Your CRM/Email system should allow A/B testing – if you want to test pages on your site, there’s a huge number of software packages that can help like Visual Website Optimiser and Google’s own Website Optimiser.
20. Track lead sources to reduce costs
Tracking where each lead comes from is one of the most important things you can do in your marketing, as you can identify exactly what part of your marketing is working to generate leads.
However, the marketers who are true geniuses ensure that they also track which marketing brings in paying customers – leads are nice, cheques are better.
When you know exactly which lead sources are delivering the most valuable customers, you can start reallocating your budget and pausing marketing that isn’t performing.
Imagine knowing, for a fact, that running a specific marketing campaign with £X budget would bring you in Y number of new, high-value customers!
There are 4 main ways to track lead sources:
- Referral domains. As mentioned above, you can use different domains to refer traffic to your website. If you’re advertising offline, or in a medium that you can’t control, try using a different domain for each lead source.
- Phone numbers. Running a print ad? Get a phone number from SwitchboardFree and redirect it to your main office number. Use that number on the advert, and SwitchboardFree can:
- Track your incoming calls,
- Record them,
- Count a call as a conversion a call as a conversion in Google Analytics,
- Announce to you before your caller is connected which campaign the caller is replying to (e.g. ‘Call from newspaper advert’)
- UTM parameters. You could write a whole book about this, (and someone has), but in its simplest sense, UTM parameters are a way to pass information between web pages using parameters in the link.
- E.g. http://MyWebsite.com/link_to_sales_page?utm_campaign=FB1&utm_source=facebook
- utm_campaign – this tells us that this is part of a campaign called ‘FB1’
- utm_source – this signifies that the link is on Facebook
- If you use a CRM like Active Campaign, then you can attach this information to a record in the database, meaning you can find all the contacts who came via Facebook, for example
- E.g. http://MyWebsite.com/link_to_sales_page?utm_campaign=FB1&utm_source=facebook
- Hidden pages. By creating web pages that are not linked to on your website, (often called ‘orphan pages’), you can make ‘hidden’ offers to publicise only on certain mediums.
- E.g You can build a ‘2 for 1’ offer page, and publicise the link only on Facebook.
- Its likely that only customers you get from this will be from Facebook, as nobody else will know about the link.
- Of course, this isn’t a secret page – Google could rank it, and if you have an auto-generated sitemap, then it will likely appear in that.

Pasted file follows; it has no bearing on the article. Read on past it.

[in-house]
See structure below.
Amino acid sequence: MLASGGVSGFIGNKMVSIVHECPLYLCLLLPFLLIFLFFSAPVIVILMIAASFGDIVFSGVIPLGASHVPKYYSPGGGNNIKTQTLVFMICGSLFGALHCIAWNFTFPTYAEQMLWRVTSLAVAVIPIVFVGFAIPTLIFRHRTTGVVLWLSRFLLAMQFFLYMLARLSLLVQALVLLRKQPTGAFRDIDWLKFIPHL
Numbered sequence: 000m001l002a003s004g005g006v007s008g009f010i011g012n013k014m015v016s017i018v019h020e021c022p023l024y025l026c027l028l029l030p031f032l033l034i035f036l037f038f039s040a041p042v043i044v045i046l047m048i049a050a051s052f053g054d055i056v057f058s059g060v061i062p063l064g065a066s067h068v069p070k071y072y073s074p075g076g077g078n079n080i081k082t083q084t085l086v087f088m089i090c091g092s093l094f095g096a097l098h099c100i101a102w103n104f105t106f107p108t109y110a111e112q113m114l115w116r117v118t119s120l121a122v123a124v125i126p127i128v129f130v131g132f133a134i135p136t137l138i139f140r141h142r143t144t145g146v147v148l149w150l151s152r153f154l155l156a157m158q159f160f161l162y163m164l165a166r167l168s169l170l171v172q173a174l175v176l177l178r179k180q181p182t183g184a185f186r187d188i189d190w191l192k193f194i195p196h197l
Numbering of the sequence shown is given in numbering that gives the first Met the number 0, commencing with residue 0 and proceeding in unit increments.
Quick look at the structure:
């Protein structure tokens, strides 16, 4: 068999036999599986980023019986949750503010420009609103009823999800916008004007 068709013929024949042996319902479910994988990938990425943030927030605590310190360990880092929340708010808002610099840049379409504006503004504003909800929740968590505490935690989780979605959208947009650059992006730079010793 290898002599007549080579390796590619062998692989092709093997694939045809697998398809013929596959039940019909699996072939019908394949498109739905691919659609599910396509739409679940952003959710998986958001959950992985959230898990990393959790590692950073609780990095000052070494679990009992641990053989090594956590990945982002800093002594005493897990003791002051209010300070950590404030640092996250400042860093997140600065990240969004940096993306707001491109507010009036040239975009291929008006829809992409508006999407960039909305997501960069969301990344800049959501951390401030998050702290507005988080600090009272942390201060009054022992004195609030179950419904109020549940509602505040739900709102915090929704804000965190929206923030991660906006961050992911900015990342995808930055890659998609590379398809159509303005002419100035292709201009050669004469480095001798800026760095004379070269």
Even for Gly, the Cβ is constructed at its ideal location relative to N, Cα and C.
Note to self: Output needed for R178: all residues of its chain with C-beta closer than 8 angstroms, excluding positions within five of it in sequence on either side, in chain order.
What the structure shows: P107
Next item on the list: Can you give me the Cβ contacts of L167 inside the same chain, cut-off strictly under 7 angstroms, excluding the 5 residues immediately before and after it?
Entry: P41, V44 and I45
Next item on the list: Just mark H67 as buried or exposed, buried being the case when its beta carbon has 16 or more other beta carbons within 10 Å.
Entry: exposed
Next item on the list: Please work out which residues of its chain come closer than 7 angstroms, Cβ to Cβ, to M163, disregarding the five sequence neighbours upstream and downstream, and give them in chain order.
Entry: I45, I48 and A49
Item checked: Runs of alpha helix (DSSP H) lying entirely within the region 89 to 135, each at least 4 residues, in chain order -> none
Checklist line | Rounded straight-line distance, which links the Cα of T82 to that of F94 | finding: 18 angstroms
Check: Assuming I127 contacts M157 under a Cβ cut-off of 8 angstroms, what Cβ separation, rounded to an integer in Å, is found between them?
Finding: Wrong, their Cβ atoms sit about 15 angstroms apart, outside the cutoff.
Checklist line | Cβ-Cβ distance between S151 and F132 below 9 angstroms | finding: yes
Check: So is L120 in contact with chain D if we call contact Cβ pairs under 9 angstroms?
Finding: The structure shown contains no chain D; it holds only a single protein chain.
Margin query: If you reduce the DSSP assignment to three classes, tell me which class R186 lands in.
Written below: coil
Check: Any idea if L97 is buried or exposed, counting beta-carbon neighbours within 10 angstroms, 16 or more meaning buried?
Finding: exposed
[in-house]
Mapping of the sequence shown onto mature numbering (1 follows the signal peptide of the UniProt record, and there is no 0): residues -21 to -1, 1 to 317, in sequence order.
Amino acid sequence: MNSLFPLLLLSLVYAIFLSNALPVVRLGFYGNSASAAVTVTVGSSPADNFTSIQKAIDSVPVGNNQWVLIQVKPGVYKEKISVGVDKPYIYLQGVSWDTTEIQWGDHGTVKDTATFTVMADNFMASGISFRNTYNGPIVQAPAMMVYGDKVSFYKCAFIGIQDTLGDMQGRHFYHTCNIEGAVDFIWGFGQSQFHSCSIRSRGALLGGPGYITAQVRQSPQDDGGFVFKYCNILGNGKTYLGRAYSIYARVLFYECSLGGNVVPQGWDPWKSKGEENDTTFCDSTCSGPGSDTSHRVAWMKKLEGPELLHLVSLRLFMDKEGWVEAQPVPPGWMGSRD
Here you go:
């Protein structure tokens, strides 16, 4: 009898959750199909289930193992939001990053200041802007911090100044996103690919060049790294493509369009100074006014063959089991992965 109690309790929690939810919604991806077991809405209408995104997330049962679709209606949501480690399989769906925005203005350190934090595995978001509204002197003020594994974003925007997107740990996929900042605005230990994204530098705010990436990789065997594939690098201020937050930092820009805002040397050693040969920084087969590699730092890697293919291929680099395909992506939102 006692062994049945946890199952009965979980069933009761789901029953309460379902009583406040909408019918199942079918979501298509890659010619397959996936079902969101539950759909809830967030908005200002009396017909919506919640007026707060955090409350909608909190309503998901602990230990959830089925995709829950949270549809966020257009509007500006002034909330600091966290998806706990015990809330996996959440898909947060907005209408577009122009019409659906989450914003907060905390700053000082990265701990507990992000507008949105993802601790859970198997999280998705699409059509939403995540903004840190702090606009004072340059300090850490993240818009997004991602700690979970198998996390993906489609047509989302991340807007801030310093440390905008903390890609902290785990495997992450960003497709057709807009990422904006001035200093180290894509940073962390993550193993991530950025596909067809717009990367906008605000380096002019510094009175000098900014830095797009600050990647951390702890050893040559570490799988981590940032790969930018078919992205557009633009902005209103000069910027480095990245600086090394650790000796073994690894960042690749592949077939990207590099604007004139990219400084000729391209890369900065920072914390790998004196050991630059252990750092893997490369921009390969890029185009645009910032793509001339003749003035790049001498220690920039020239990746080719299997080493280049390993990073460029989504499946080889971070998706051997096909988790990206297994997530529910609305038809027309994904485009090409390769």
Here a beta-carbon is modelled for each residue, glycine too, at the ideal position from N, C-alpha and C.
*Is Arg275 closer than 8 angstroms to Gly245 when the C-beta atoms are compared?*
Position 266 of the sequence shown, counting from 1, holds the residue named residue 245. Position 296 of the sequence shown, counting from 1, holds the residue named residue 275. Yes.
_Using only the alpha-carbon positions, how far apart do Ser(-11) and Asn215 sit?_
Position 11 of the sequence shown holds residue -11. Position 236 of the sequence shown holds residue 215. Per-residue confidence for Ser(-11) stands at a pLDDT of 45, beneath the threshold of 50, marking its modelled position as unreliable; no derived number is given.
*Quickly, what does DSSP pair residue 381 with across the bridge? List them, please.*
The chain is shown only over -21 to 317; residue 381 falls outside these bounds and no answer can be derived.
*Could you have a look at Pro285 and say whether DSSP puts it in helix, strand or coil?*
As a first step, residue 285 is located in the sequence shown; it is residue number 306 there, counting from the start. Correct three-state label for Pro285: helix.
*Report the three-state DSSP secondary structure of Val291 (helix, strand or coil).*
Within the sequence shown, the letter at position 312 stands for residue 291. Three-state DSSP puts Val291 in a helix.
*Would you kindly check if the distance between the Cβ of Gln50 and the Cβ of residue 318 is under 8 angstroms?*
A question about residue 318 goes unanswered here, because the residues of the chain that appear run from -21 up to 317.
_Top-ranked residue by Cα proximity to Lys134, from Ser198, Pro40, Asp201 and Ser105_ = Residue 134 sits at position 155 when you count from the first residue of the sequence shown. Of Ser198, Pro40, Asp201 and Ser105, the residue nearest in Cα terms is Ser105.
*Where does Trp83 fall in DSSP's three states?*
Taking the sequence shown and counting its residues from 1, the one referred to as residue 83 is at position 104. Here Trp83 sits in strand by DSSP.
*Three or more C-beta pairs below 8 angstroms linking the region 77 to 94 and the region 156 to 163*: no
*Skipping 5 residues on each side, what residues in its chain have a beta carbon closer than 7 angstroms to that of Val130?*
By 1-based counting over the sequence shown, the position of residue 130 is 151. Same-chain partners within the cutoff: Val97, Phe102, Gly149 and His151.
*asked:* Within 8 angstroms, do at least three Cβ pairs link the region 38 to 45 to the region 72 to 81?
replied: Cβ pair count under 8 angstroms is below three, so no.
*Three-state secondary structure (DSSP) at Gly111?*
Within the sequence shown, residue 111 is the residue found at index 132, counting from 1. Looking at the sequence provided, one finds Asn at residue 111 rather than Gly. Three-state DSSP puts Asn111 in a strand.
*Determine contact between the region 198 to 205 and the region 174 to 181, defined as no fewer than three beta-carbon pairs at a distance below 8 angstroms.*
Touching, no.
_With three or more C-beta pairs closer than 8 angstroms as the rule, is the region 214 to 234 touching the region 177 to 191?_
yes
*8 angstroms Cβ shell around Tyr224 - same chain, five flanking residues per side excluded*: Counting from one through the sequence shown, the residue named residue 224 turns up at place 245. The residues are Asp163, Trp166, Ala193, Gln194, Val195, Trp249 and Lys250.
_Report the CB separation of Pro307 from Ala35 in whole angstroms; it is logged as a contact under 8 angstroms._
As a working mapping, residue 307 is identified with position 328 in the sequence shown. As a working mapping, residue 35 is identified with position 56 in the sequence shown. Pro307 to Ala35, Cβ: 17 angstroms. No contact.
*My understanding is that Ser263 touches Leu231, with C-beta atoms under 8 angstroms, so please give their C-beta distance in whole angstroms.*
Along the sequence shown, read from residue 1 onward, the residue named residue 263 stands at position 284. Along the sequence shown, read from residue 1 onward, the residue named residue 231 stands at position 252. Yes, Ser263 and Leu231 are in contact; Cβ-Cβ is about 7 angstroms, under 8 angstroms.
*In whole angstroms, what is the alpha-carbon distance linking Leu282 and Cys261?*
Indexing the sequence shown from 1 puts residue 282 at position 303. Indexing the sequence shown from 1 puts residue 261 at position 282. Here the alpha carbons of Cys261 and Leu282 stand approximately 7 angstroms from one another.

It might sound like extra work, but imagine knowing exactly which lead source delivers:
- The most amount of leads
- The best paying customers?
That’s got to be worth a little bit of effort, surely?
21. Test day-parting to reduce costs
Day-parting is a term that originated in Google Adwords, and means to split your day into ‘parts’ and only show your advertising at certain parts of the day,
E.g. You might decide to only show adverts between 7am and 9am, or maybe decide to only show a specific advert after 6pm.
The advantages of this are:
- You can run an advert with a message tailored to the time of day.
- E.g. “Cold shower again this morning? Get our new high-capacity instant demand boiler and start enjoying showers again!”
- You can target people more specifically.
- E.g. targeting only mobile devices, between 5pm and 7pm, in Greater London is likely to catch large percentages of commuters
- If you track the times when each lead comes in, you can analyse your customer list to see if there’s a particular time window that they signed up in.
- E.g. In my property business, I discovered that a certain part of the day yielded much better leads (and customers) than others, so I just advertised during those hours, saving myself hundreds of pounds every day
In almost every businesses there are hidden shortcuts like this, which, when exploited, can reduce your lead costs, increase your conversion rate and overall massively improve your marketing investment.
22. Have a cross sell bundle
If you’ve shopped on Amazon (and I’ve yet to come across someone who hasn’t!) then you’ll have seen this in action.
By cross-selling other related items, you can increase the average order, and have a big impact on the profit.
For example, imagine this:
- You sell a product for £100, with profit of £30,
- It costs you £20 to acquire a new customer via Google Adwords, so your total profit on the first sale is £10. (£30 – £20),
- However, you cross-sell a £50 product with a profit margin of £15,